On March 19, 1844, Father Henni was consecrated the first bishop of Milwaukee, although he did not arrive in the city until May. Sharing this distinction were Thomas and James, twin sons of Phillip and Mary Mc Dermott. Father Quinn also performed the first marriage ceremony at St. Graves succeeded him, but only remained for about two years, followed by the one-year tenure of Father E. Between 18, Fathers O'Neil and Horan were the pastors. A landmark along Forest Home Avenue, it served the parish for the next 60 years. Father Gormley was succeeded as pastor by Father David W. In 1942, Father Ryan entered the United States Army and was succeeded by Father Joseph T. By 1952, the number of families had increased to 288, with more than 200 children of grade-school age. Alphonsus School at Greendale through the invitation of the pastor, Father Arnold Spangler.
That the new bishop and Father Kundig had been lifelong friends is considered evidence of the latter's skill in human relations. Mary in 1843, but like all early Wisconsin priests, he served a wide territory including Greenfield, Franklin, Oak Creek and Prairieville (Waukesha). Mary, the wedding of Nicholas Nolan and Mary Kelly on November 24, 1844. Mary's parishioners in the early 1860s, and was succeeded about 1868 by Father Edward O'Connor, who had been pastor at St. He died on Valentine's Day, 1873, and was buried in Franklin. The frame church it replaced was eventually moved to land on what is now South 108th Street, just south of West Layton Avenue, and survived until demolished in a highway widening project in 1966. Followed him as pastors from 1895 to 1915 were Fathers J. Father Mc Question, foreseeing the growth of his parish, inaugurated a fundraising drive to build a school.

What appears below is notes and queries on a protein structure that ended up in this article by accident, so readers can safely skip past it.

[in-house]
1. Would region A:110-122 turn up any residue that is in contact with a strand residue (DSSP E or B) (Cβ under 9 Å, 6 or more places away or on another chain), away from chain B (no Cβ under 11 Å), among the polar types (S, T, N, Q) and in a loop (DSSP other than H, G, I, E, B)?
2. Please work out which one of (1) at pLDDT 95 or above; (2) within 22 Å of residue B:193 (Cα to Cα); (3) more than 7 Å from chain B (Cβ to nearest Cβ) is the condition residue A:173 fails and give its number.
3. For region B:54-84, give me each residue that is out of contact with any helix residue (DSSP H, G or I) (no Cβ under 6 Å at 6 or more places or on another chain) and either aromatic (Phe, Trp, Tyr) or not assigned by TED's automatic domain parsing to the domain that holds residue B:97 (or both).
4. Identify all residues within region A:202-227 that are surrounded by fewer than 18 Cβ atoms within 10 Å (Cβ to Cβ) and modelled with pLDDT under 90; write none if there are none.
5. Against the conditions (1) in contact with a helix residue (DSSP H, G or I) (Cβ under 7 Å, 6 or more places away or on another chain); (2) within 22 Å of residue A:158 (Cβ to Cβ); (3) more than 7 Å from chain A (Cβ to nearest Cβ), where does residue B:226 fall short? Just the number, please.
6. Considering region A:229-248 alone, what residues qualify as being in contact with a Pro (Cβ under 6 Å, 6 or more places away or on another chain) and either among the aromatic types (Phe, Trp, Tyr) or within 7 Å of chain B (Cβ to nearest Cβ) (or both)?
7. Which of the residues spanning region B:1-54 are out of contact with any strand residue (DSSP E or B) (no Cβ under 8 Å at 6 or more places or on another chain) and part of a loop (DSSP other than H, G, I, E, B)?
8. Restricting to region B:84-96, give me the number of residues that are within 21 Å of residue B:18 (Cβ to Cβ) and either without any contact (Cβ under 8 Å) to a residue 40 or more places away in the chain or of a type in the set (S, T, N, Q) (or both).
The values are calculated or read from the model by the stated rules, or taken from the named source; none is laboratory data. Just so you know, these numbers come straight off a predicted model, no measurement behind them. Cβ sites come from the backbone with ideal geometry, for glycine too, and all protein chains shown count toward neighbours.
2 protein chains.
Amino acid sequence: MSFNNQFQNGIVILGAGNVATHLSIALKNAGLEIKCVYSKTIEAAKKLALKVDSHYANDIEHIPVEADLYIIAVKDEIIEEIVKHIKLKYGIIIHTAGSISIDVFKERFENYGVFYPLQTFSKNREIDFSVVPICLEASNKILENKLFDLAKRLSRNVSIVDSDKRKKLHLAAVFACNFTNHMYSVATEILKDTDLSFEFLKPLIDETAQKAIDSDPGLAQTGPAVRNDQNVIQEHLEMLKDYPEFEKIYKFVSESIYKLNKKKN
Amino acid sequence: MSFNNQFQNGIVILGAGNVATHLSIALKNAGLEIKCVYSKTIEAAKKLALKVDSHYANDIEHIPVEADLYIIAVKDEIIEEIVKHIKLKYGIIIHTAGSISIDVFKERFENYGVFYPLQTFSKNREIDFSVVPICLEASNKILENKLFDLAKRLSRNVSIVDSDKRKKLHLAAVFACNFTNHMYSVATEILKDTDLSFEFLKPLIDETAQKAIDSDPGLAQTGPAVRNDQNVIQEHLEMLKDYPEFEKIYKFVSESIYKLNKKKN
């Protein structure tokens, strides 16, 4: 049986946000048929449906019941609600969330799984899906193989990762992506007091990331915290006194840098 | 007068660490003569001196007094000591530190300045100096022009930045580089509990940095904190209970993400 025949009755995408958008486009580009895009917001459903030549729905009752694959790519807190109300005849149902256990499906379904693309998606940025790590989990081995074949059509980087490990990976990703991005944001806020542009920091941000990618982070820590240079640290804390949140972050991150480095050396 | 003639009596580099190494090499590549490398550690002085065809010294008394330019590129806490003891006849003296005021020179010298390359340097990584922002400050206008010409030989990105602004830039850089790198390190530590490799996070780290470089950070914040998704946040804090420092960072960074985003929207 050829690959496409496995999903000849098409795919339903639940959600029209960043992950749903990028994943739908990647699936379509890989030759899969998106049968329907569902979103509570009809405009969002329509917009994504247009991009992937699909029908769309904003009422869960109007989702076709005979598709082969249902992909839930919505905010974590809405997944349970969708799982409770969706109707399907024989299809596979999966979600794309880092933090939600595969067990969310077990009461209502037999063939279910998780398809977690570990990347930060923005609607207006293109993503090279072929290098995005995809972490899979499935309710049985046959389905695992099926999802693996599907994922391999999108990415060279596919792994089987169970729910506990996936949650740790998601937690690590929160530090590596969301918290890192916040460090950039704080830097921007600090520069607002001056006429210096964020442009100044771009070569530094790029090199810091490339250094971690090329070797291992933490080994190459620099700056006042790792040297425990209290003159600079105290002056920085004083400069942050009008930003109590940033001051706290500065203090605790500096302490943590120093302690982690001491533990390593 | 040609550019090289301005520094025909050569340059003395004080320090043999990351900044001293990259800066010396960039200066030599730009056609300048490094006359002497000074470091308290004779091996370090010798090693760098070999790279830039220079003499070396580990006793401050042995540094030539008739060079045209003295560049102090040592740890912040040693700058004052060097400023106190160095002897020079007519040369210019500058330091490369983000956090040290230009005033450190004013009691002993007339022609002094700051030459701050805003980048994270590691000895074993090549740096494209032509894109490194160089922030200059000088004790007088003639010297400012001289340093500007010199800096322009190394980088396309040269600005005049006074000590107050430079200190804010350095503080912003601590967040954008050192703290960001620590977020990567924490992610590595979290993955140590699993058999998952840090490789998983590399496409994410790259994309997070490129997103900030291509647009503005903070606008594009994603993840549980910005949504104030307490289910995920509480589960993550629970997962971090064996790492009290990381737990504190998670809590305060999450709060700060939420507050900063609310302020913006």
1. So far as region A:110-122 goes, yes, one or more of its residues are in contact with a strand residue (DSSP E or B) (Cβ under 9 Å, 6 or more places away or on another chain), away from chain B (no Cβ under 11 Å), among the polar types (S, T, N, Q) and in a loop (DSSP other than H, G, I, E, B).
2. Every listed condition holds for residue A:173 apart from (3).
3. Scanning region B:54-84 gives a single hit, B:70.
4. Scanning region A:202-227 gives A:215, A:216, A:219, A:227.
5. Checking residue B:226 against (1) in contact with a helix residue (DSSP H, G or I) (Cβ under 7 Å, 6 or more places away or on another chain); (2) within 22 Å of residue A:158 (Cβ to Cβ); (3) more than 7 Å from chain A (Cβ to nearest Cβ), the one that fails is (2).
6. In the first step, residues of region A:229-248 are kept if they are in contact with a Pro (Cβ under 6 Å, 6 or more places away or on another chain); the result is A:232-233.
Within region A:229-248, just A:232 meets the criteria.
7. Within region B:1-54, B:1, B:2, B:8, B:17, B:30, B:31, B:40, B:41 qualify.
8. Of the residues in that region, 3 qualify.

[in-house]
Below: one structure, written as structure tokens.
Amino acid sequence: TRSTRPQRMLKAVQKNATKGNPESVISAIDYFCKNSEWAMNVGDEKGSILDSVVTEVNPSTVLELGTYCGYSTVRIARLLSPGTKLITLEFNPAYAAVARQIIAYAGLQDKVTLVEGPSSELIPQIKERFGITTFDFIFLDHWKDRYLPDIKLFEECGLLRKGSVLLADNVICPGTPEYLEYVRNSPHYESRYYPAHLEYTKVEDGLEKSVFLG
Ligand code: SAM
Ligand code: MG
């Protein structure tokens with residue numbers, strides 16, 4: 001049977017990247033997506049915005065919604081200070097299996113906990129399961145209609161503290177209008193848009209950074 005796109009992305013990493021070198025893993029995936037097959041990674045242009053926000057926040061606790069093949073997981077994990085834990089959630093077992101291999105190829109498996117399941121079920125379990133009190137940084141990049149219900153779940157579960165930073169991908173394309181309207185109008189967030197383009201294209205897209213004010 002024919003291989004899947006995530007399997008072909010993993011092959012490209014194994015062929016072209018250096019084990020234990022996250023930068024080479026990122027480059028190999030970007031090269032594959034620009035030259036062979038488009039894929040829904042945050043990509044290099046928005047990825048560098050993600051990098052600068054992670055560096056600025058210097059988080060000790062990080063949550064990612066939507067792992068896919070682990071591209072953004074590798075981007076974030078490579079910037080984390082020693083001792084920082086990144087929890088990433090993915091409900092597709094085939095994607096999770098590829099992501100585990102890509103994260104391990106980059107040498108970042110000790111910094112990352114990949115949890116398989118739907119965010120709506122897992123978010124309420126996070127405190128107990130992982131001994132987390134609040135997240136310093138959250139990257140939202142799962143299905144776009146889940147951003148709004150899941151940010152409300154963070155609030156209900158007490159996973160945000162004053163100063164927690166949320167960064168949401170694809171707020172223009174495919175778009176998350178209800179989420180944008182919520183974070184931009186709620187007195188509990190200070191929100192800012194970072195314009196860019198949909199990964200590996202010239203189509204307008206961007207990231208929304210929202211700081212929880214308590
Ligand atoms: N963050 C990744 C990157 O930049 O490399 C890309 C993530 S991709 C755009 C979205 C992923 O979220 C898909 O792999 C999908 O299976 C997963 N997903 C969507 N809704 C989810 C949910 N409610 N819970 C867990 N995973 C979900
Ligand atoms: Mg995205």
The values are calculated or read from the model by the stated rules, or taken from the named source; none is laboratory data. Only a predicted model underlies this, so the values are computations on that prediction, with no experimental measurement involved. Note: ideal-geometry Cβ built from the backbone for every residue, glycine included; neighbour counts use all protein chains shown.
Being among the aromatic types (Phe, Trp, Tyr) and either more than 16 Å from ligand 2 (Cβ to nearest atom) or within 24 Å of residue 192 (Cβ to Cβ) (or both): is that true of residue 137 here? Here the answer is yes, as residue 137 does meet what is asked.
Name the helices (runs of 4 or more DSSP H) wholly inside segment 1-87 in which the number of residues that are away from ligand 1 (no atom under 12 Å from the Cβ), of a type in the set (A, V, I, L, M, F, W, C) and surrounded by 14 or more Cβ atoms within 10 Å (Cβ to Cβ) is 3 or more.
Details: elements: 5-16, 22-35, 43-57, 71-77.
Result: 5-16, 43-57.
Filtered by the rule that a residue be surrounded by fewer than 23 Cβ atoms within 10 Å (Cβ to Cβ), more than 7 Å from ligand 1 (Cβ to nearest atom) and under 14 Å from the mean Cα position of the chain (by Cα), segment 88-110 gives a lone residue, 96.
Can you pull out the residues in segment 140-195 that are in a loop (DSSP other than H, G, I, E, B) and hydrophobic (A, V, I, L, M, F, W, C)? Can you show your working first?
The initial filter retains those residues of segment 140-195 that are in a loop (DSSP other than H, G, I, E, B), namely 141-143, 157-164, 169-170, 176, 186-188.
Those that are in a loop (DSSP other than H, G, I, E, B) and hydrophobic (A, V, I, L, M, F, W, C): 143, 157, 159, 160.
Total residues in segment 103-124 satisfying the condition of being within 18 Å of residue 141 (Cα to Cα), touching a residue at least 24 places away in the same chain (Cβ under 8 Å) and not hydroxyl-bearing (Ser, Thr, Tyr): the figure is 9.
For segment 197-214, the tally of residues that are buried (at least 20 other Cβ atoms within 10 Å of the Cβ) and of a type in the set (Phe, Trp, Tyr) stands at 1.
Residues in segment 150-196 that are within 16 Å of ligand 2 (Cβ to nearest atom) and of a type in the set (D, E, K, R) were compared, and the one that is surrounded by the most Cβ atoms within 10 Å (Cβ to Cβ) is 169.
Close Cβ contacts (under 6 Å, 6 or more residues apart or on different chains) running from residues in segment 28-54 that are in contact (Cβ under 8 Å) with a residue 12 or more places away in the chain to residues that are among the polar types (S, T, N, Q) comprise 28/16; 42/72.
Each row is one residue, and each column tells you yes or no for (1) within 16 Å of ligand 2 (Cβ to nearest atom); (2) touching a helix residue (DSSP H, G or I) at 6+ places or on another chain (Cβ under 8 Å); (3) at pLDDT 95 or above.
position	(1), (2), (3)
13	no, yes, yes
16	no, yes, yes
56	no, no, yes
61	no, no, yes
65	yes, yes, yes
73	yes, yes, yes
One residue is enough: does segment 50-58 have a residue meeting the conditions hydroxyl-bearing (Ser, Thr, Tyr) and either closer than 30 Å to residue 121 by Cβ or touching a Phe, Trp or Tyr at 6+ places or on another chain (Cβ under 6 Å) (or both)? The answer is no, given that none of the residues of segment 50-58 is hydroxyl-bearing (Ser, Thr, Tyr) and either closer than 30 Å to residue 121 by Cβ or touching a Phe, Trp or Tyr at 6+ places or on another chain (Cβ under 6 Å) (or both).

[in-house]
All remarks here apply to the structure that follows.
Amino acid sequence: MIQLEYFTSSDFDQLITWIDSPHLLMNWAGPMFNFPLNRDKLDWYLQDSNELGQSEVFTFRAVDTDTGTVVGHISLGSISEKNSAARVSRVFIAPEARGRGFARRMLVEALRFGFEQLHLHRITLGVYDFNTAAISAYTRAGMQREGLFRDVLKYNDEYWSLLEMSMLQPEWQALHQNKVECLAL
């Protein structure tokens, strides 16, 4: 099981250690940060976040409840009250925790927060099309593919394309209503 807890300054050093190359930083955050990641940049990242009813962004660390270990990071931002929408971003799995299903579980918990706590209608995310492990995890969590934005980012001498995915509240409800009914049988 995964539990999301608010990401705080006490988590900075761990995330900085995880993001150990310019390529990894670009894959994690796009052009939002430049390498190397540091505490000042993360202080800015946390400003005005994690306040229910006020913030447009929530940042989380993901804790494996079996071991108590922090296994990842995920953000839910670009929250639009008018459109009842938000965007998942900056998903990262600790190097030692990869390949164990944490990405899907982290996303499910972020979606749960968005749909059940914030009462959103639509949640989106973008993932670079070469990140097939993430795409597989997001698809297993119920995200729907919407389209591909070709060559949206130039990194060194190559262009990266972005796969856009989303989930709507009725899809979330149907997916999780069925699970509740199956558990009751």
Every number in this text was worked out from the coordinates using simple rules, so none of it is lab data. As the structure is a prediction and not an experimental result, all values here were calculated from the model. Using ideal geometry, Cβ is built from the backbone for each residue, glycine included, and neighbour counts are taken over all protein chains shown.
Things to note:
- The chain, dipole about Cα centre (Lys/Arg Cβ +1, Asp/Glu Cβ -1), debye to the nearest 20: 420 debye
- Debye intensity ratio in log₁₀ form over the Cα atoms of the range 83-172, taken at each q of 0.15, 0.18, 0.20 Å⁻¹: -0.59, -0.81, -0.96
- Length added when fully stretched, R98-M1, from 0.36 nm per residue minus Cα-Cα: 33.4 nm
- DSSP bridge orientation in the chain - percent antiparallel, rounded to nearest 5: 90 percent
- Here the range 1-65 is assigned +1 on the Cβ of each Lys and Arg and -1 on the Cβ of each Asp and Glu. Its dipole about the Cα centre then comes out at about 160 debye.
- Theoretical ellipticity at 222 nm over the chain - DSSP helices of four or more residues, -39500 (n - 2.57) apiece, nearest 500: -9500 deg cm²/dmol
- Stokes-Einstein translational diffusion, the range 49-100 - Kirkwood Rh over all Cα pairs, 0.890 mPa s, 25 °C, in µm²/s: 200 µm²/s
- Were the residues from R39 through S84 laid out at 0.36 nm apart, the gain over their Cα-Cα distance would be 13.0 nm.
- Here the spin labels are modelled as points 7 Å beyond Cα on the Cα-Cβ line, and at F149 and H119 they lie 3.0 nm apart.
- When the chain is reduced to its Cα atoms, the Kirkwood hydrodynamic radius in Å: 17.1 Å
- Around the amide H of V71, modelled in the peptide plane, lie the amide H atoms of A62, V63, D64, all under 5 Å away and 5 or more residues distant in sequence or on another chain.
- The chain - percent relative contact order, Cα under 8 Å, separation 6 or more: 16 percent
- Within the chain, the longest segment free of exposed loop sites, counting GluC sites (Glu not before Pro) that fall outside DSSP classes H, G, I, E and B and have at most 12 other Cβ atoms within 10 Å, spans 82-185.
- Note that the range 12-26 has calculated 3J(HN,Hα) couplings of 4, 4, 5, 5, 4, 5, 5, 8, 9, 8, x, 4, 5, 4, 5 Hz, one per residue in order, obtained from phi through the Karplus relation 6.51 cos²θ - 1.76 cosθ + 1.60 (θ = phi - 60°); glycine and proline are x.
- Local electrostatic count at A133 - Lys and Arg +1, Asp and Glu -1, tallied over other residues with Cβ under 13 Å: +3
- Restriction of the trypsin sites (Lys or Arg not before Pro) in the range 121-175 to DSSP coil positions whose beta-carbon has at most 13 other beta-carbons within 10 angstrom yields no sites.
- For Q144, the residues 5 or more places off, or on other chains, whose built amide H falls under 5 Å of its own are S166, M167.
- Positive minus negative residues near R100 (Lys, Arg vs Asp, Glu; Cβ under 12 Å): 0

Father O'Kelley's duties required serving other communities along the circuit in Oak Creek, Racine, Kenosha, Burlington and perhaps several other areas.
But he had difficulty with his health, as well as his German, and he returned to Michigan in June 1842.
Thus, he is credited with establishing the first Catholic school in Milwaukee and only a little later with influencing the move to establish a public school system in Wisconsin.
His gift for organizing gains him credit in history for bringing together leaders and groups that were eventually active in formation of the state itself.
In December 1962, Father Trahey resigned because of ill health and was succeeded by Father Francis Drabinowicz, who arrived on Christmas Eve.Even with 10 classrooms (two more had been set up in the basement hall), more than 300 children were turned away in 1959.It was time for expansion and Father Trahey directed a new fund drive to garner pledges to finance an addition to the school, and for a new church auditorium, which could accommodate the growing number of persons at all Sunday masses.Holy Assumption's present church, built in 1867, still survives. Catholic families were attracted to the area by the excellent school facilities, and farms were being plotted and lots sold at a remarkable pace.Soon the capacity of the school had been exceeded, with more than 425 children enrolled.
Patrick's Day parade, which turned out to be a great civic and religious demonstration.